Keysight 5G RF tool runs from chips to systems

July 20, 2020 //By Nick Flaherty
Keysight 5G RF tool runs from chips to systems
Keysight's PathWave Design 2021 enables 5G design engineers to accelerate development of chip, board and systems by integrating device, circuit and system design.

Keysight Technologies has launched an open, scalable and predictable 5G and millimetre wave design and validation tool to accelerate delivery of chip, board and system products.

The 5G market is rapidly gaining broader acceptance. Network operators are transitioning from 4G and rolling out commercial 5G around the world. Equipment manufacturers and suppliers need to optimize performance, cost (yield), and time-to-market in their designs to be selected as vendor of choice for mainstream 5G deployments. However, higher frequencies coupled with the increasing design integration and complexity of 5G, require a unified, end-to-end approach to eliminate late stage design iterations and ensure first pass success.

PathWave Design 2021 provides tools across all design phases including simulation to validation as well as test and manufacturing in 5G RF and microwave design flows.

“Current design methodologies for 4G and earlier standards use approximate figures of merit to get designs to market quickly,” said Tom Lillig, general manager of PathWave Software Solutions at Keysight Technologies. “This legacy approach is insufficient for modern designs, which increase integration requirements due to 5G broadband modulation schemes.  The design techniques developed with previous generations of designs simply aren’t sufficient to meet the 5G standards.”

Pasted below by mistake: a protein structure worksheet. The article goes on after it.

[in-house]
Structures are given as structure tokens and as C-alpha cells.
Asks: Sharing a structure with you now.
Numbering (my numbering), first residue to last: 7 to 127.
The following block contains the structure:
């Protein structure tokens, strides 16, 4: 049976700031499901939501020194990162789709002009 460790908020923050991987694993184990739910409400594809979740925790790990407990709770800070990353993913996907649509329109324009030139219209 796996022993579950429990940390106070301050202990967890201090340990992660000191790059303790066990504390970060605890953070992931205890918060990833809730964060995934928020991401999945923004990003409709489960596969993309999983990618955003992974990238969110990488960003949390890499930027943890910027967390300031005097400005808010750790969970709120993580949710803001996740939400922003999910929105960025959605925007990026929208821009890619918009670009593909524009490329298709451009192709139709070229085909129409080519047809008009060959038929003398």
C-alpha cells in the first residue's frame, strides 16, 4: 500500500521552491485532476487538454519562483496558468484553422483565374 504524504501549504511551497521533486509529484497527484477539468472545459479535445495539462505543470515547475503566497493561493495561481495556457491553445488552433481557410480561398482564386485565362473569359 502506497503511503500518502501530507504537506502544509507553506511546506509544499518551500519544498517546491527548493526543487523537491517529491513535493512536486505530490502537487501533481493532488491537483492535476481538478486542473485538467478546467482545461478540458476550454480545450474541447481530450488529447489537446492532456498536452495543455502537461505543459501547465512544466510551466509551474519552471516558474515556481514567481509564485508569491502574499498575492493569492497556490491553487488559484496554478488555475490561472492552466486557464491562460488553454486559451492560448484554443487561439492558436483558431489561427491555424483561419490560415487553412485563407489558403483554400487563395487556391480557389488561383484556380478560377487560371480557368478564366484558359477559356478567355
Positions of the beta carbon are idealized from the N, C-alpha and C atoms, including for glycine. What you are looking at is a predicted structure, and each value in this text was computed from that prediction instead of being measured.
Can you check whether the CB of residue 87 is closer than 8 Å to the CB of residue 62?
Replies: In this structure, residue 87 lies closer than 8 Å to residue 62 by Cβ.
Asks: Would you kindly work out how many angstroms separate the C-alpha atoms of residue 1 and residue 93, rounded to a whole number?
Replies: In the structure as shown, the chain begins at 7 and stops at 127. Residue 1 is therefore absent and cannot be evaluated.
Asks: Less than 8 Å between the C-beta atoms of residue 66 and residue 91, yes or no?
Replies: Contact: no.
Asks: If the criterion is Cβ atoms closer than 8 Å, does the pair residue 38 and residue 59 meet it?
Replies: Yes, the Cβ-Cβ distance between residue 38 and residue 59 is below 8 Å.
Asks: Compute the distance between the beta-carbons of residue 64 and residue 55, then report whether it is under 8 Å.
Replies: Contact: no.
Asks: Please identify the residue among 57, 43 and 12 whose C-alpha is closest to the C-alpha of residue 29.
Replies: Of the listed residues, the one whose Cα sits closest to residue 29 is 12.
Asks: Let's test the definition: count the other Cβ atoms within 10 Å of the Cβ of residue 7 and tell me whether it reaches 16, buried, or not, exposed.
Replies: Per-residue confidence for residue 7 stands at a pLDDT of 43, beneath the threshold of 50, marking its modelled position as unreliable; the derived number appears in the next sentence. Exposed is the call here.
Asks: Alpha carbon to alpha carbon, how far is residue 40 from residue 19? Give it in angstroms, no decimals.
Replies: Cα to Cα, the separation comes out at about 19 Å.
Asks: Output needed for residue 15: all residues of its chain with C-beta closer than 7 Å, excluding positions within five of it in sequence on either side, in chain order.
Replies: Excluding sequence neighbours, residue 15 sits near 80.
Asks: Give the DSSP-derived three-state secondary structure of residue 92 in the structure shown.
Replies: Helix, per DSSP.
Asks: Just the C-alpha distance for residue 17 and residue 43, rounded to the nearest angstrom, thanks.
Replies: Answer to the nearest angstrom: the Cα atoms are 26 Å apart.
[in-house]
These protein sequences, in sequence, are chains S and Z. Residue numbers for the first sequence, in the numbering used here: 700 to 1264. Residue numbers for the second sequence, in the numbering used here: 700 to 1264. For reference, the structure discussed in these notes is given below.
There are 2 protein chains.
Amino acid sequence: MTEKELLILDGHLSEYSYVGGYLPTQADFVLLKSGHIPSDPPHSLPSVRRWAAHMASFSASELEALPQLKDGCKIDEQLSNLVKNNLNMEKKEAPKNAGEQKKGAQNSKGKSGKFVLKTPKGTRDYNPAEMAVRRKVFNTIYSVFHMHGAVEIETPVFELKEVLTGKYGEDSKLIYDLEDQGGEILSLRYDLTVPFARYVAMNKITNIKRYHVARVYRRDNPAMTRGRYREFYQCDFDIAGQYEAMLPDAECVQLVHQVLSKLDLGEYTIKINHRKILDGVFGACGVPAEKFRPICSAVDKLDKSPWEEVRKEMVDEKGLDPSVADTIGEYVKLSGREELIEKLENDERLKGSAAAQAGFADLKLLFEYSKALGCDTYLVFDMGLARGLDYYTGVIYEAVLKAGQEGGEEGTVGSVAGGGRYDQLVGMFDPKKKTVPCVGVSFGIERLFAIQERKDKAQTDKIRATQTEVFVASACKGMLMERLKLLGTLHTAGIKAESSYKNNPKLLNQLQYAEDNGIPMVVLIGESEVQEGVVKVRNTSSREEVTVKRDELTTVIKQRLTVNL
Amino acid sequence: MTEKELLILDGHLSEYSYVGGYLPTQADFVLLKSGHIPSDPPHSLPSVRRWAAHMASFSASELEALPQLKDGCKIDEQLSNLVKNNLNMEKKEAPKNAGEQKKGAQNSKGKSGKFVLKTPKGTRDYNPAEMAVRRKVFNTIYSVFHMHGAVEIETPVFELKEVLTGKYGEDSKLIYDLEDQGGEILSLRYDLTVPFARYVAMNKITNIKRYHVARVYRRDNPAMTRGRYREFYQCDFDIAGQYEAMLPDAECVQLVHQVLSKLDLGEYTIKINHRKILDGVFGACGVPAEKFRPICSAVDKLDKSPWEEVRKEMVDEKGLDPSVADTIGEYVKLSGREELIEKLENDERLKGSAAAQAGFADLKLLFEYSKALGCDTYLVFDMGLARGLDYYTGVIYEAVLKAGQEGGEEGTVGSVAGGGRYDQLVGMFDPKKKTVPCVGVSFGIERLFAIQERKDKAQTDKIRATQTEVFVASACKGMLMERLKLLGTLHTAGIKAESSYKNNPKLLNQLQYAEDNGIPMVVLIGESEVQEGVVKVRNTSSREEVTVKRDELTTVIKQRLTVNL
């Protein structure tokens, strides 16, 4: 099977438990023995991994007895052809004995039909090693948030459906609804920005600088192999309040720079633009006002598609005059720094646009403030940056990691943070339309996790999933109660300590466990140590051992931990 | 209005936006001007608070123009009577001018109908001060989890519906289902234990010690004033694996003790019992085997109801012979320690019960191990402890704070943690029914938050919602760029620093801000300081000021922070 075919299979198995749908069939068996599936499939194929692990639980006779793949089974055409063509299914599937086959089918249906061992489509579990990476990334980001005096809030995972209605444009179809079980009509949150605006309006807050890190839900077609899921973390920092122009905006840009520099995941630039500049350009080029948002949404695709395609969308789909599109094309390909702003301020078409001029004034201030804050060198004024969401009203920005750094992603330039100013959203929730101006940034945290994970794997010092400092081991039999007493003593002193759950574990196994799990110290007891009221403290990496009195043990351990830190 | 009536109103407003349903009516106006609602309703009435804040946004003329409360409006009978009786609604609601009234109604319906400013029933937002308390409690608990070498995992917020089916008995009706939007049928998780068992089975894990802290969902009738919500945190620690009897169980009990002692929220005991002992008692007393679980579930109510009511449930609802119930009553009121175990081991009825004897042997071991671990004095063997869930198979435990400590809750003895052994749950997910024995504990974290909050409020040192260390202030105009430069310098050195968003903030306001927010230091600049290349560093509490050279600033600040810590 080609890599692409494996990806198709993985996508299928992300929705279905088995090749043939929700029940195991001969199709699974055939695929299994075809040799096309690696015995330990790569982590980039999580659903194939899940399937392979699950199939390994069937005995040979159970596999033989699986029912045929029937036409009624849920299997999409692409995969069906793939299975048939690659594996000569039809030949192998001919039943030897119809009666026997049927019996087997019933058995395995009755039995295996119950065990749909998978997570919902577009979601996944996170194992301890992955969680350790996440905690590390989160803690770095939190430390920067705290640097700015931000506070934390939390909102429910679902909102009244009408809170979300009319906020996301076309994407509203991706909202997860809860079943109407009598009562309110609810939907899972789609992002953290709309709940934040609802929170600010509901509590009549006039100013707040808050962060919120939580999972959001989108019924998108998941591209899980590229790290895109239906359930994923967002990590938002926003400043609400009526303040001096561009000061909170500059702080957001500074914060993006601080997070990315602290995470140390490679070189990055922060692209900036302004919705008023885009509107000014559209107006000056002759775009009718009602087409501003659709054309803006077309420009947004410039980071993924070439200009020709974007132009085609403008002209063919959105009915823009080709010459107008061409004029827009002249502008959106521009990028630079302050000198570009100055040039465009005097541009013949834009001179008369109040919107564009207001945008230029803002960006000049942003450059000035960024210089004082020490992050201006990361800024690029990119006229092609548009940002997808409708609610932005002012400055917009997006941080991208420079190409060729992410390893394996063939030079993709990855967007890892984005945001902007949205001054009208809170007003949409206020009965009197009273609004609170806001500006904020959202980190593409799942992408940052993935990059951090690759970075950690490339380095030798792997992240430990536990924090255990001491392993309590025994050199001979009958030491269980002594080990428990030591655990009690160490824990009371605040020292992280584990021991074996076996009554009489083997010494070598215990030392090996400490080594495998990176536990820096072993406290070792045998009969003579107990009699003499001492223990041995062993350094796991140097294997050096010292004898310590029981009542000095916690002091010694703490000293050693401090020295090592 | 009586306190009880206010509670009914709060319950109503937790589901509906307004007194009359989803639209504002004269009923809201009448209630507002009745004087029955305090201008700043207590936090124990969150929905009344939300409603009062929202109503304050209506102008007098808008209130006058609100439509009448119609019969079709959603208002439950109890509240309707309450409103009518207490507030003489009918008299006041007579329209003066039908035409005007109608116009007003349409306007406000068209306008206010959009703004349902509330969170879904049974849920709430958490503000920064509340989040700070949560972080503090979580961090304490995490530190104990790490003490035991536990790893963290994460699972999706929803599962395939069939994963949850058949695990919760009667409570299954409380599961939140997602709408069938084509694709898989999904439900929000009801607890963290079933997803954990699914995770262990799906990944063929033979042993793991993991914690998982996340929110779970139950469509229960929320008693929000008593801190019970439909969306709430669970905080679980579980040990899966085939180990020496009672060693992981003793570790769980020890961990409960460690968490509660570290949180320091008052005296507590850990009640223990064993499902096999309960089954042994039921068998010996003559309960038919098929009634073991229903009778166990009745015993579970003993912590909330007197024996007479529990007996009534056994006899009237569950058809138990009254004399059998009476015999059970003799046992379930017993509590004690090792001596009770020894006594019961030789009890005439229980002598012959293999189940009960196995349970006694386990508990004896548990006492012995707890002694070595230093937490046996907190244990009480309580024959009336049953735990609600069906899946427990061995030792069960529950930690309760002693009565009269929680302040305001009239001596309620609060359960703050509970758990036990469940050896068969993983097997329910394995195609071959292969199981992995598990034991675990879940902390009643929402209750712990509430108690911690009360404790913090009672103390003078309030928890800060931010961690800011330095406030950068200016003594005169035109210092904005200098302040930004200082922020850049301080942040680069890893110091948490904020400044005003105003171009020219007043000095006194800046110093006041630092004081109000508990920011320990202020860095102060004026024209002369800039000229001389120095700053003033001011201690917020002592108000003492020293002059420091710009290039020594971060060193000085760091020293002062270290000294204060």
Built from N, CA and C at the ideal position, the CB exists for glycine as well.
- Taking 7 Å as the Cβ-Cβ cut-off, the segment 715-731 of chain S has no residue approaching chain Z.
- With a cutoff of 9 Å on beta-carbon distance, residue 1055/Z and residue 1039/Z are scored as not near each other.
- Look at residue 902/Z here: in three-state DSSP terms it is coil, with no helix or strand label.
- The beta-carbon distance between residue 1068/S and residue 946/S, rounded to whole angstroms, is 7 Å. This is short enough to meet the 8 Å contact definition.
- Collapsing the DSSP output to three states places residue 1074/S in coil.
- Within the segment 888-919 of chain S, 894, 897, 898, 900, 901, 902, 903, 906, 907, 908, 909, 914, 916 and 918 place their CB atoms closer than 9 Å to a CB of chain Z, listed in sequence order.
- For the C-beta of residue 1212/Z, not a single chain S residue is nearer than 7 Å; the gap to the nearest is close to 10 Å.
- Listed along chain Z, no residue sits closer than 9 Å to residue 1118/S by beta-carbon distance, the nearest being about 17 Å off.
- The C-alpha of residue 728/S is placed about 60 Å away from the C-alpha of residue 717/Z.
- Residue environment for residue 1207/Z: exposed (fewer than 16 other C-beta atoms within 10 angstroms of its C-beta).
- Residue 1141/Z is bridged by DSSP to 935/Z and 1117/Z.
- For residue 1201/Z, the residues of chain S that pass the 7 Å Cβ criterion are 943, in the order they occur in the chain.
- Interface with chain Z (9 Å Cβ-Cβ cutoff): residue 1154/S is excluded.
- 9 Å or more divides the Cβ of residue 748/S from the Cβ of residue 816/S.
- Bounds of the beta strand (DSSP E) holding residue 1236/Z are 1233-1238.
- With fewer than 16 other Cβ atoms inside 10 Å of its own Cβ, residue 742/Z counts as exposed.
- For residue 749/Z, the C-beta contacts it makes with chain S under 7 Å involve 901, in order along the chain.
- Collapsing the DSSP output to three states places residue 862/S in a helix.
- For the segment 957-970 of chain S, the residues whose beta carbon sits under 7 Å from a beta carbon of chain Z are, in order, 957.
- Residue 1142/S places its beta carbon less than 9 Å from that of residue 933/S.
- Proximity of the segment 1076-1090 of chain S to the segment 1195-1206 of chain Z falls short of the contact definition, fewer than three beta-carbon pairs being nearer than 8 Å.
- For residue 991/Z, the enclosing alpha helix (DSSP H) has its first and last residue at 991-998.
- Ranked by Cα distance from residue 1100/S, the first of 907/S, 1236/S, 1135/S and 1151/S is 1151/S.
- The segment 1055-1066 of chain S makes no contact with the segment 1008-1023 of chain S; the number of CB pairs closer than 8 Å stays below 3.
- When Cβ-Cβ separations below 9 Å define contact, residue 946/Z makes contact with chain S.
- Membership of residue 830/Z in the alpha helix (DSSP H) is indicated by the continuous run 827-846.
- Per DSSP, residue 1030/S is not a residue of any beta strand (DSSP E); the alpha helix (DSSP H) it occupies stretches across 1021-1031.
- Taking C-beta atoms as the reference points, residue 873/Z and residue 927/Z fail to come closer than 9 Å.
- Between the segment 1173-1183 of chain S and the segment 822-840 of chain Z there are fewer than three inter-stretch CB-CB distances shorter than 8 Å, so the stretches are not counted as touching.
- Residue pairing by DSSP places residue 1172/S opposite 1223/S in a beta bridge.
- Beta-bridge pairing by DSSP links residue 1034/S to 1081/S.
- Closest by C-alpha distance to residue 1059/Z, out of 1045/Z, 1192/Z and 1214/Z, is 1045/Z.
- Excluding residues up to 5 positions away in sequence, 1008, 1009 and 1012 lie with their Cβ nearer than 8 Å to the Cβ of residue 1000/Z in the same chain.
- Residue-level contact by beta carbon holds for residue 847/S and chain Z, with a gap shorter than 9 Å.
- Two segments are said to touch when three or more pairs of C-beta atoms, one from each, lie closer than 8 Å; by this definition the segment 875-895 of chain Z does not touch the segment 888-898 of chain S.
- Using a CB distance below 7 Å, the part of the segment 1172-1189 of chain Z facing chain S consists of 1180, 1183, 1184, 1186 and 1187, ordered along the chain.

Keysight says engineers can eliminate months from product schedules by increasing the speed and reducing the complexity of chip level analysis and verification with integrated EM simulation and accelerating the verification process by running simulations in parallel in the high-performance cloud computing. The toolflow helps to predict performance at the circuit and system levels using common modulated signals and accurate RF system models. This supports scaling of the end-to-end ecosystem from device to circuit to test and manufacturing with model-driven engineering.

The tools can be used by power amplifier designers using RF Gallium Nitride (GaN) to model trapping and thermal effects, while front-end module and RF transceiver designers can assemble technologies to model packaging and coupling effects quickly and efficiently. System integrators can predict system performance with RF circuits, antennas and


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